So there they were again, G7 leaders at their annual summit, held this year in a place called Taormina, Italy.
The gathering included the leaders of Britain, Canada, France, Germany, Italy, Japan and the United States, representing the political leaders of the seven major economies of the world.
They discussed the important matters of the summit, such as their nation’s individual economies (as well as the global economy in general), the urgency of global warming… climate change, terrorism, etc.
Once all the important matters of the world were discussed, the leaders used the latter day or two of the summit to talk about
Africa, not in the sense of (colonial powers) reflecting on the colonial years, but continuous flow of African and other migrants risking their lives, ostensibly to seek a better life on the other side of the Mediterranean.
The G7 leaders weren’t concerned about welcoming more migrants, but stemming the tide. To that end they met with an African delegation that was invited to the summit. It included the African Union Commission Chairperson, Moussa Faki Mahamat, as well as leaders of Ethiopia, Kenya, Nigeria’s acting President, and others.
Leaders of the G7 were primarily concerned with discussing issues like migration with the African delegation, who were more interested in African development.
For his part, the Italian leader, according to reports, “…  wanted to have the related topics of Europe’s migration crisis and African development at the top of the agenda of the annual summit.”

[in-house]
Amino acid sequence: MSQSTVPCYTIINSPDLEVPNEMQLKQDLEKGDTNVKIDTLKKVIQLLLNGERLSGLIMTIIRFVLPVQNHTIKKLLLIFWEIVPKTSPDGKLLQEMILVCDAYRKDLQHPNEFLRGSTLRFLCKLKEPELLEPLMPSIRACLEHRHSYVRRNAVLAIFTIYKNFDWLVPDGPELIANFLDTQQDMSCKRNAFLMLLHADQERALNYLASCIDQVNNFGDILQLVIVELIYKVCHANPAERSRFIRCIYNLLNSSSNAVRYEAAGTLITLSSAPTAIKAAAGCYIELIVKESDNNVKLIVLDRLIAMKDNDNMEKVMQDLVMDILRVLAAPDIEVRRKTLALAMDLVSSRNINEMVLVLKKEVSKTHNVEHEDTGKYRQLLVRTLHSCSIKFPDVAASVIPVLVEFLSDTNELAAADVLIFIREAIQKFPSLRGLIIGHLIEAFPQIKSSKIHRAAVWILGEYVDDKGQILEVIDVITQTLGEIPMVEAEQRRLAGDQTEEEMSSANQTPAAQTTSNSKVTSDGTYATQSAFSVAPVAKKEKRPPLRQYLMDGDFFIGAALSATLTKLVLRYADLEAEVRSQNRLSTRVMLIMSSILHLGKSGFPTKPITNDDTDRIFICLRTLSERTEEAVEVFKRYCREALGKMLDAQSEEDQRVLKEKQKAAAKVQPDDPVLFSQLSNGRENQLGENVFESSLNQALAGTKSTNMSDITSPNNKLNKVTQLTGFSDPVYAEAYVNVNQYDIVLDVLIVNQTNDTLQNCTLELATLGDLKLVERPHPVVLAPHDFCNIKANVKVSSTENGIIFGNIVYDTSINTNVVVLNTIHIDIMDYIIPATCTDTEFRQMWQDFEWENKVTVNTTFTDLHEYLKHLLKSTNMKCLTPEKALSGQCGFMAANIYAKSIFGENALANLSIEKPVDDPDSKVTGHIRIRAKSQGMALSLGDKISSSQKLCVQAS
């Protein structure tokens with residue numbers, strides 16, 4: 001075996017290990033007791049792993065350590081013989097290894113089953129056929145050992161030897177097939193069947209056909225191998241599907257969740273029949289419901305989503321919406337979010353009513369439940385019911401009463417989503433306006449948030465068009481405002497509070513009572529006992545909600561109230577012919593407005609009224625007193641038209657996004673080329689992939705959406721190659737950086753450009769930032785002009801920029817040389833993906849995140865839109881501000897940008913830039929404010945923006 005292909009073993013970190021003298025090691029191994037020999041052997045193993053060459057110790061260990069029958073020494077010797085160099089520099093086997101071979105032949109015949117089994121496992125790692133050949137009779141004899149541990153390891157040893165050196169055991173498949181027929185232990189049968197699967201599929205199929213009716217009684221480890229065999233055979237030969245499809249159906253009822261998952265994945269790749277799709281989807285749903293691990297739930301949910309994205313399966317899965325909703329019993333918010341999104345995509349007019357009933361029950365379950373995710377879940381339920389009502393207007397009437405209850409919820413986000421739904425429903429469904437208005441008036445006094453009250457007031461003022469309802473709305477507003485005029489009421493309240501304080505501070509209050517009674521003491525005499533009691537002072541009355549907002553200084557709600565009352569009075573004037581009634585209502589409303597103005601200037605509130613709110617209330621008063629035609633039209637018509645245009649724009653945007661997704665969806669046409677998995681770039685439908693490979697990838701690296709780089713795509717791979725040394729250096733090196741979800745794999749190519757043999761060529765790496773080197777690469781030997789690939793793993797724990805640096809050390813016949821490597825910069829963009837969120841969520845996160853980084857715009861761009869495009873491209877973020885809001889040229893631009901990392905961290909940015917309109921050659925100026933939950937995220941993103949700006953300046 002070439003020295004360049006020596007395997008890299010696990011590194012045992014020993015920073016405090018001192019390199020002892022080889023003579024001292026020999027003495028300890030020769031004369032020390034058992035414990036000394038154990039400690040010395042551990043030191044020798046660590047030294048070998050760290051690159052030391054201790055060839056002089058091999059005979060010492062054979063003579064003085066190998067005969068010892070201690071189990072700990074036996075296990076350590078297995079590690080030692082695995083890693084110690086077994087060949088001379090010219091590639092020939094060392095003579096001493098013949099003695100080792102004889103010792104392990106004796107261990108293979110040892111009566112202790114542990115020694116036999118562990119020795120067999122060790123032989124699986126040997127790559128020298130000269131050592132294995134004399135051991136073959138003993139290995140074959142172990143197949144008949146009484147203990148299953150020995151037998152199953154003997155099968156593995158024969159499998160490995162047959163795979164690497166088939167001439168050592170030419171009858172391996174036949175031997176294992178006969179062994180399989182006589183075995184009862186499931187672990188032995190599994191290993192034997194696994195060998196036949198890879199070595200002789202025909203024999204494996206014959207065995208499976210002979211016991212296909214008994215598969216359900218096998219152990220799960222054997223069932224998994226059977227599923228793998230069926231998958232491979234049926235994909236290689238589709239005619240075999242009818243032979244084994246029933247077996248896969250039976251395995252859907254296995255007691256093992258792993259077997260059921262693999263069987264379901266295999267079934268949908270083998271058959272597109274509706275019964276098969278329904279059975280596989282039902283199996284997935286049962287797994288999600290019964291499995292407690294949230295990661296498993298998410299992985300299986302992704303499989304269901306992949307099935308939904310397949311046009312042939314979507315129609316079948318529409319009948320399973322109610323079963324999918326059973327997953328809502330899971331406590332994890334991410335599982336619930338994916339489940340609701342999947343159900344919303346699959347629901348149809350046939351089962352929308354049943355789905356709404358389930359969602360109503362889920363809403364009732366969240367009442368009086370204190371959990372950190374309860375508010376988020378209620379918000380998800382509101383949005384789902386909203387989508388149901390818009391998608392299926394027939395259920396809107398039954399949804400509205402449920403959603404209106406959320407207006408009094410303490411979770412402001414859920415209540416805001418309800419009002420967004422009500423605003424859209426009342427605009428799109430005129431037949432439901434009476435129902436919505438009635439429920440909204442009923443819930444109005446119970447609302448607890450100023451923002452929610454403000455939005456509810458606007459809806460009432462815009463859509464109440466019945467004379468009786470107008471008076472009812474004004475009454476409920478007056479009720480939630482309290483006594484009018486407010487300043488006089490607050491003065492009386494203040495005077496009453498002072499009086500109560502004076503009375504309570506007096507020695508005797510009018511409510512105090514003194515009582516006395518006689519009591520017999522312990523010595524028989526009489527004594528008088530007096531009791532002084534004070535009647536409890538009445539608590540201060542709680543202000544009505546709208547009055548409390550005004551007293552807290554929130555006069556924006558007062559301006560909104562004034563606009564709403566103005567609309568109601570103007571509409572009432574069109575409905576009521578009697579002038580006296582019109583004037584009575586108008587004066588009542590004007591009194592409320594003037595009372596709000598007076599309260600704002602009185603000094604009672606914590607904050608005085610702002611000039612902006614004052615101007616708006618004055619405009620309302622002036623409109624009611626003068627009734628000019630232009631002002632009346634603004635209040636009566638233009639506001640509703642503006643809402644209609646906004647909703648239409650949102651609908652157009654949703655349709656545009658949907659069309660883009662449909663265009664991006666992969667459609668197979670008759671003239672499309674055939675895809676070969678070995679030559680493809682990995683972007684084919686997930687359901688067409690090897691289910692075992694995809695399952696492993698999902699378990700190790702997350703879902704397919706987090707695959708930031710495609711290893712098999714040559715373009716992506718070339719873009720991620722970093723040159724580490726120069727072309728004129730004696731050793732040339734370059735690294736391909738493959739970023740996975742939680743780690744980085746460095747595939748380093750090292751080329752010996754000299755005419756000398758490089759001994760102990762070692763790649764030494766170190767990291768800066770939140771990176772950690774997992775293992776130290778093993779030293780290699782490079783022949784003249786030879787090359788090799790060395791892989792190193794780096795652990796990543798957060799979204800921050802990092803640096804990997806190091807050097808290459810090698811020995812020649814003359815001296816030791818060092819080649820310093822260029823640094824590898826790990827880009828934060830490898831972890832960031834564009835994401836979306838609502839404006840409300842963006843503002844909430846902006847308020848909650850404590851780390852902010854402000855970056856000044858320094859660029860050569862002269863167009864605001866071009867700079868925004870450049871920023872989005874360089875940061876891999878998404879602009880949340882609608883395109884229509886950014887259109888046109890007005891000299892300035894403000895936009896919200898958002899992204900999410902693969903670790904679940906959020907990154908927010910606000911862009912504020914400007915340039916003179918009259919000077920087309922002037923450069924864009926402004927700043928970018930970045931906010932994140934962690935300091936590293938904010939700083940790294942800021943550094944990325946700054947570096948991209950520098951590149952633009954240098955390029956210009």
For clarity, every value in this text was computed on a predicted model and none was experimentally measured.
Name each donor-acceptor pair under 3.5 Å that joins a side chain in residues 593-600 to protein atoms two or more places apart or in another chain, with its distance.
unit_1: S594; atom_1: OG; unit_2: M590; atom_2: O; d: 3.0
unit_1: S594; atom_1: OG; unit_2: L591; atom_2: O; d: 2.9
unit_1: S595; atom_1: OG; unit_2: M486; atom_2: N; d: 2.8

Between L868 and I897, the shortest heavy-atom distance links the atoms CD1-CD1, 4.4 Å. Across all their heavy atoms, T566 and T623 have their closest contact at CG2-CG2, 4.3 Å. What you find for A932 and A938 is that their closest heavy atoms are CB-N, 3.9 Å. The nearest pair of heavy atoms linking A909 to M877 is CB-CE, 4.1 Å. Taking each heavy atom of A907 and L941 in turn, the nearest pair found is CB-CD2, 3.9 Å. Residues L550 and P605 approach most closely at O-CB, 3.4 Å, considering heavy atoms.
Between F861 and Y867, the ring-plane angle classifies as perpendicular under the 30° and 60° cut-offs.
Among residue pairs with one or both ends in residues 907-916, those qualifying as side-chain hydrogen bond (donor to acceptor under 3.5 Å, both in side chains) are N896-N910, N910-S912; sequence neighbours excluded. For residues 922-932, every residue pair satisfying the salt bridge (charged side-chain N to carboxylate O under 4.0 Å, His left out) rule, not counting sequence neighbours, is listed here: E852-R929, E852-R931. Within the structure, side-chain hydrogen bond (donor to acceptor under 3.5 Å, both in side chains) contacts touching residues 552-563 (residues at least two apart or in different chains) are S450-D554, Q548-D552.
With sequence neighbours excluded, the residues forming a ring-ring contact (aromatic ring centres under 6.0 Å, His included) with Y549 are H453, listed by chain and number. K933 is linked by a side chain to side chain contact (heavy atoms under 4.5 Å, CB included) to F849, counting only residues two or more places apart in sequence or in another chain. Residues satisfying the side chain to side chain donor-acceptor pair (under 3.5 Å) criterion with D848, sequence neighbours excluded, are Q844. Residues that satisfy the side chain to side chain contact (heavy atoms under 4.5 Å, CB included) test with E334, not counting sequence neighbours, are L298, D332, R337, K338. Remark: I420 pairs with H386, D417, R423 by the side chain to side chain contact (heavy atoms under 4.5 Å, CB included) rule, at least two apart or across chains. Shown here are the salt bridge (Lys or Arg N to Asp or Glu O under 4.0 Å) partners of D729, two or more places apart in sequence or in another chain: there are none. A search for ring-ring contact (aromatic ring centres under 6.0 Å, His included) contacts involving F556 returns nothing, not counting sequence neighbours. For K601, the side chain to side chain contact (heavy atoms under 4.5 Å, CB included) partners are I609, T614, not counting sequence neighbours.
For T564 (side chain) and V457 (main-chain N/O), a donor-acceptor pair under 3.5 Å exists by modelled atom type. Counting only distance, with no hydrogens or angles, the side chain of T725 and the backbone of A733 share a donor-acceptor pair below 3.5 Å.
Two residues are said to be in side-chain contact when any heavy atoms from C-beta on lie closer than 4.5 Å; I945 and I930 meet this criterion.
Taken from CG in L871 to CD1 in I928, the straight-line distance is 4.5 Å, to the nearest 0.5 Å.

Understandably. Italy continues to bare the brunt of the survivors of the Mediterranean crossings…
Which is why Prime Minister Paolo Gentiloni implored his G7 partners to provide substantial help to crucial African countries in terms of investments and development policies “as a way to stem the endless flows of migrants and refugees fleeing poverty, destitution, and war.”
It’s not known how the other G7 members responded to that suggestion. Probably they’ll give it some consideration.
In the meantime, according to the United Nations refugee agency UNHCR, up to “1,520 people are estimated to have drowned in the attempt as of May 24.”
Probably many more now; as the weather gets better it’s Mediterranean crossing season.
Italy has registered over 50,400 new arrivals so far this year. And drownings notwithstanding, people remain undeterred as they try and escape war, terrorism, ethnic and religious conflicts, drought, famine… and other crises in various African and Middle Eastern countries.
The Italian PM is on to something, calling for massive investment in the continent (of Africa) to stem the flow of migrants across the Mediterranean.
But there was concern among analysts and aid organizations that the heads of state would lack the resolve to make any serious commitment to lifting African countries out of poverty.
True. Various political leaders have been talking that talk for generations. But there’s that creeping sense of “donor fatigue” as leaders of benevolent countries continue to do more serious introspection vis-à-vis how their foreign aid Is being spent once it gets to different recipient nations and the people the aid is destined to help.
Yes, given its Africa is the primary target providing greater assistance to Africa to persuade potential migrants to stay at home rather than make the dangerous journey to Libya and across the Mediterranean is an urgent issue for Italy, which has received hundreds of thousands of migrants in the last few years.
They’ve been talking that talk for generations.